Microsoft launching Windows Server 2008
Seattle Times technology reporter
Microsoft is celebrating the release of a new version of one of its most successful products outside of the desktop Windows and Office one-two punch.
Windows Server 2008, which is being feted in a series of launch events starting in Los Angeles today, is the flagship product of Microsoft's long-term effort to build a presence in the lucrative market for software that businesses run behind the scenes.
The part of the company that built the product, the Server and Tools unit, brought in sales of about $11.2 billion in the past fiscal year, more than one-fifth of Microsoft's total. It was very profitable, too, forming the third leg of the stool with Windows and Office.
Windows Server 2008, along with a set of programming tools called Visual Studio 2008 and database software SQL Server 2008, "will underpin growth from the Server and Tools business over the next several years," Microsoft Chief Financial Officer Chris Liddell said last month.
Microsoft launched its first server software 15 years ago. And while the venture has been successful — the business just chalked up its 22nd straight quarter of double-digit sales growth — the company does not enjoy the dominance it does on the desktop, which raises the stakes for each new server release.
Server software is the foundation layer for the workhorses of the information-technology world. The software controls powerful back-end server computers that run enterprise applications, networks, Web sites, e-mail and data centers.
Server sales last year, including hardware, reached $54.4 billion globally, the second-highest level on record after $61.6 billion in 2000, according to data being released today from market-tracking firm IDC.
Windows Server 2008 replaces the 2003 version and relies on much of the same code base as Windows Vista, the desktop operating system Microsoft released broadly just over a year ago.
Vista has disappointed some users because it didn't work well with some older applications and hardware — issues Microsoft has acknowledged and sought to address.
"Microsoft can't afford to have those incompatibility issues plague Windows Server 2008 as they have with Vista," said Laura DiDio, an analyst with the Yankee Group. "The market is very unforgiving. ... If there's one big bug or flaw, it will be magnified. That's just the way it is."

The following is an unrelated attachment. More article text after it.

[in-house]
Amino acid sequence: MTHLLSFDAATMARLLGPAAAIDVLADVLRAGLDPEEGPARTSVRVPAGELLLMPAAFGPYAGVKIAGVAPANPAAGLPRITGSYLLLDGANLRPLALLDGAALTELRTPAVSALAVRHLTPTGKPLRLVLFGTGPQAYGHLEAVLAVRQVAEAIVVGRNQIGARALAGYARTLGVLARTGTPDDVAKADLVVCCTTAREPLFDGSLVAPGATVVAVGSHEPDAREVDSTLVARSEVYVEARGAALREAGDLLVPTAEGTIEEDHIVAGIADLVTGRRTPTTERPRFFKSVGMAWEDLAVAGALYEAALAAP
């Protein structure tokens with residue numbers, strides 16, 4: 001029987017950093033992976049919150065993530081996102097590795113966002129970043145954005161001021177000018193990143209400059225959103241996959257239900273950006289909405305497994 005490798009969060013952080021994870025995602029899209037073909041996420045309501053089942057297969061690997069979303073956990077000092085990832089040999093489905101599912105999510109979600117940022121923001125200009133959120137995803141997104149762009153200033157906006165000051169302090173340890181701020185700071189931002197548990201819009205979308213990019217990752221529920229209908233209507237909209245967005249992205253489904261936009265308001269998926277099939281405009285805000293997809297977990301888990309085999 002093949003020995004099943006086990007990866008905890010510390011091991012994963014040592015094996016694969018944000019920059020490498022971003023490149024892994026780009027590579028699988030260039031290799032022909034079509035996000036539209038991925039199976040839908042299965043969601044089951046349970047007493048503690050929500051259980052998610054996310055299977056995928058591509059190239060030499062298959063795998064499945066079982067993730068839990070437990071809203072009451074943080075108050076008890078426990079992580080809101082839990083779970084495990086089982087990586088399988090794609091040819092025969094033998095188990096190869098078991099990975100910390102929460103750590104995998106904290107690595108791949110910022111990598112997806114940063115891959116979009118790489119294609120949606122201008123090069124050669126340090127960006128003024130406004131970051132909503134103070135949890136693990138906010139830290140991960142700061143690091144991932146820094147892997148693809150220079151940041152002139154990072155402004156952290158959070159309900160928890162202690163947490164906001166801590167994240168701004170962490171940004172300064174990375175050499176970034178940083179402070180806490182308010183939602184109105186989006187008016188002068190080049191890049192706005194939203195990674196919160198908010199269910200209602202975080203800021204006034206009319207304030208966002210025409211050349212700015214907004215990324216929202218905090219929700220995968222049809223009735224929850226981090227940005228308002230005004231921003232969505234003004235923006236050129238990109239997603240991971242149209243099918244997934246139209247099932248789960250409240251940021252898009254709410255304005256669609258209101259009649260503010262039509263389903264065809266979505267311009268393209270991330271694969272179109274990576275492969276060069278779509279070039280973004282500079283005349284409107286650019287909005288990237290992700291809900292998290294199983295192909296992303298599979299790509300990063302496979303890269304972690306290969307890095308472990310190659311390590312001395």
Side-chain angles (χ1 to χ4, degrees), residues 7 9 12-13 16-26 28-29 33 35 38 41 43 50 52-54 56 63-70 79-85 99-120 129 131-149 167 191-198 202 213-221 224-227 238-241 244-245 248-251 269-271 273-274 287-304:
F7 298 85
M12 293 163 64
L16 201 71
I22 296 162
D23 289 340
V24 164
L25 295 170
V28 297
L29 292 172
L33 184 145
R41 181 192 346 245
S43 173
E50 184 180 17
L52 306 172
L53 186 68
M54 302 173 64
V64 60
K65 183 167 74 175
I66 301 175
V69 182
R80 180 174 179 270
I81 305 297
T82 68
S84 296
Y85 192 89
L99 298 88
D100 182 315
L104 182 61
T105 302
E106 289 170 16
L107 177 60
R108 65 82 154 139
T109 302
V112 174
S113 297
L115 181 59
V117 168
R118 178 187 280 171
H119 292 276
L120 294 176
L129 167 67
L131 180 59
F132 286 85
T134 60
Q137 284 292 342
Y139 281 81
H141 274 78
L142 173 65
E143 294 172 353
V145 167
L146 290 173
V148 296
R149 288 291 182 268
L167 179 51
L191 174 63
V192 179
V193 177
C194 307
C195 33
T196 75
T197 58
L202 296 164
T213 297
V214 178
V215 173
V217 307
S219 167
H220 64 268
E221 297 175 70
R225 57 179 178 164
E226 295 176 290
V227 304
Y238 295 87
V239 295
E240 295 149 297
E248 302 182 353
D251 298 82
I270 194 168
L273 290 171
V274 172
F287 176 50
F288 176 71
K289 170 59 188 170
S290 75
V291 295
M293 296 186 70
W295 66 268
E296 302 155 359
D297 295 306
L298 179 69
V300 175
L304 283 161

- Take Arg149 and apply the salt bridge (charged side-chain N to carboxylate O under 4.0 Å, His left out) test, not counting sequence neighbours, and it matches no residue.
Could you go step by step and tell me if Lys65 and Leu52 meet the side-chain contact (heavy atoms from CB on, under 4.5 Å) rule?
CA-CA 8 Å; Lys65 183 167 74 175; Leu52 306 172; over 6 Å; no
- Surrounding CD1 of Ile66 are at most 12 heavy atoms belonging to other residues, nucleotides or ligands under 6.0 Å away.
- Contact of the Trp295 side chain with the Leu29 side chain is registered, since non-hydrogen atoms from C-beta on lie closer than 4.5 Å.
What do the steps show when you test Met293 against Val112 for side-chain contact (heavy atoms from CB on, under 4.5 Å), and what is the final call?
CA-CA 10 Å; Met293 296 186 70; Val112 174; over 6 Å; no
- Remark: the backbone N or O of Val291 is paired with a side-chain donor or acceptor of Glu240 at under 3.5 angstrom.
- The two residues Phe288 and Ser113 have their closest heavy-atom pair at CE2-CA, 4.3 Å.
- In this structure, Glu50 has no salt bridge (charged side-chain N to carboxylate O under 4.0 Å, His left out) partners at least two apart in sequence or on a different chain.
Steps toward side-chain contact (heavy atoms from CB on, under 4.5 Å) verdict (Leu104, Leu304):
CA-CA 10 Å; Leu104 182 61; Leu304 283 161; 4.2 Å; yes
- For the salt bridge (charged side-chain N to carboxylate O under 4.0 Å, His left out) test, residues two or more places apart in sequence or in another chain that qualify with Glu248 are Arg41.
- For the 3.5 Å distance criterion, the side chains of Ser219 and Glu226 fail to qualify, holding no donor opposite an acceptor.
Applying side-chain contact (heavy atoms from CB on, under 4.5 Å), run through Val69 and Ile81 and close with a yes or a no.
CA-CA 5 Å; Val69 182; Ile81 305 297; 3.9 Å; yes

IT departments, many of which already run a combination of Microsoft and competing technology, can choose from vendors including Red Hat, Novell, Sun Microsystems, IBM and others. Also, as with many Microsoft products, Windows Server 2008 will compete with earlier versions of the software that are working just fine.
Microsoft claimed 36.6 percent of the server market, by revenue, in the fourth quarter of 2007, IDC reported. Unix servers had 33.3 percent and Linux claimed 12.7 percent.
Bill Hilf, general manager of Windows Server marketing and platform strategy, said Server 2008 is already well ahead of its predecessor in terms of application compatibility.
"Certainly, we have learned a lot from Vista about what happens when the applications aren't ready," he said.
Today, 80 software vendors have applications ready to go on Server 2008 compared with 13 when Server 2003 launched.
Also, there are many more applications and devices that a desktop operating system must support compared with a server operating system, Hilf said, so compatibility is less of a challenge in the first place.
With each release, Microsoft is expected to make improvements in speed, security, reliability and other fundamental attributes of an operating system.
Hilf said there are advantages to having both Vista and Server 2008 share code, a pitch Microsoft will continue to make as it uses Server 2008 to drive adoption of Vista and vice versa.
Redesigned networking technology in both products leads to "radically faster" file sharing — one of the most common actions between the desktop and the server, he said.
Another feature, called Network Access Protection, essentially performs a "health check" each time a computer connects to a corporate network. This process includes scanning for viruses and ensuring security software is up to date.
Michael Cherry, an analyst at Kirkland-based Directions on Microsoft, said IT professionals will be attracted by a "core installation" option for Server 2008 in which all but the essential pieces of the system are stripped away.
"This allows an organization to only install the smallest amount of Windows that is necessary to run a task," Cherry said. That's important because it minimizes the amount of code hackers can attack or that needs patching when Microsoft issues updates.
Based on early feedback from test versions, the product "appears to be far more stable and reliable than Vista," Cherry said.
But the true test comes when it becomes broadly available.
Said DiDio, "Once it's actually out there in gold code and they do that launch, the gloves really come off."
In addition to the marketing function a product launch serves, it's a meaningful day for Microsoft employees.
It's hard to get an exact number for how many people worked on Windows Server because various teams contribute pieces to multiple products. Hilf, whose responsibilities include approving launch-related expenses, said he saw an invoice for more than 5,000 "Ship It" awards — trophies that recognize Microsoft employees for their work on a completed product.
Cherry, who spent 10 years at Microsoft, said the launch helps make an employee's work more real to his or her family and friends.
"There's actually packaged product that you can point to and show it to your mom and dad or your wife and say, 'That's what I did,' " he said. "I think it has tremendous morale value for a team to have a launch."
Benjamin J. Romano: 206-464-2149 or email@example.com
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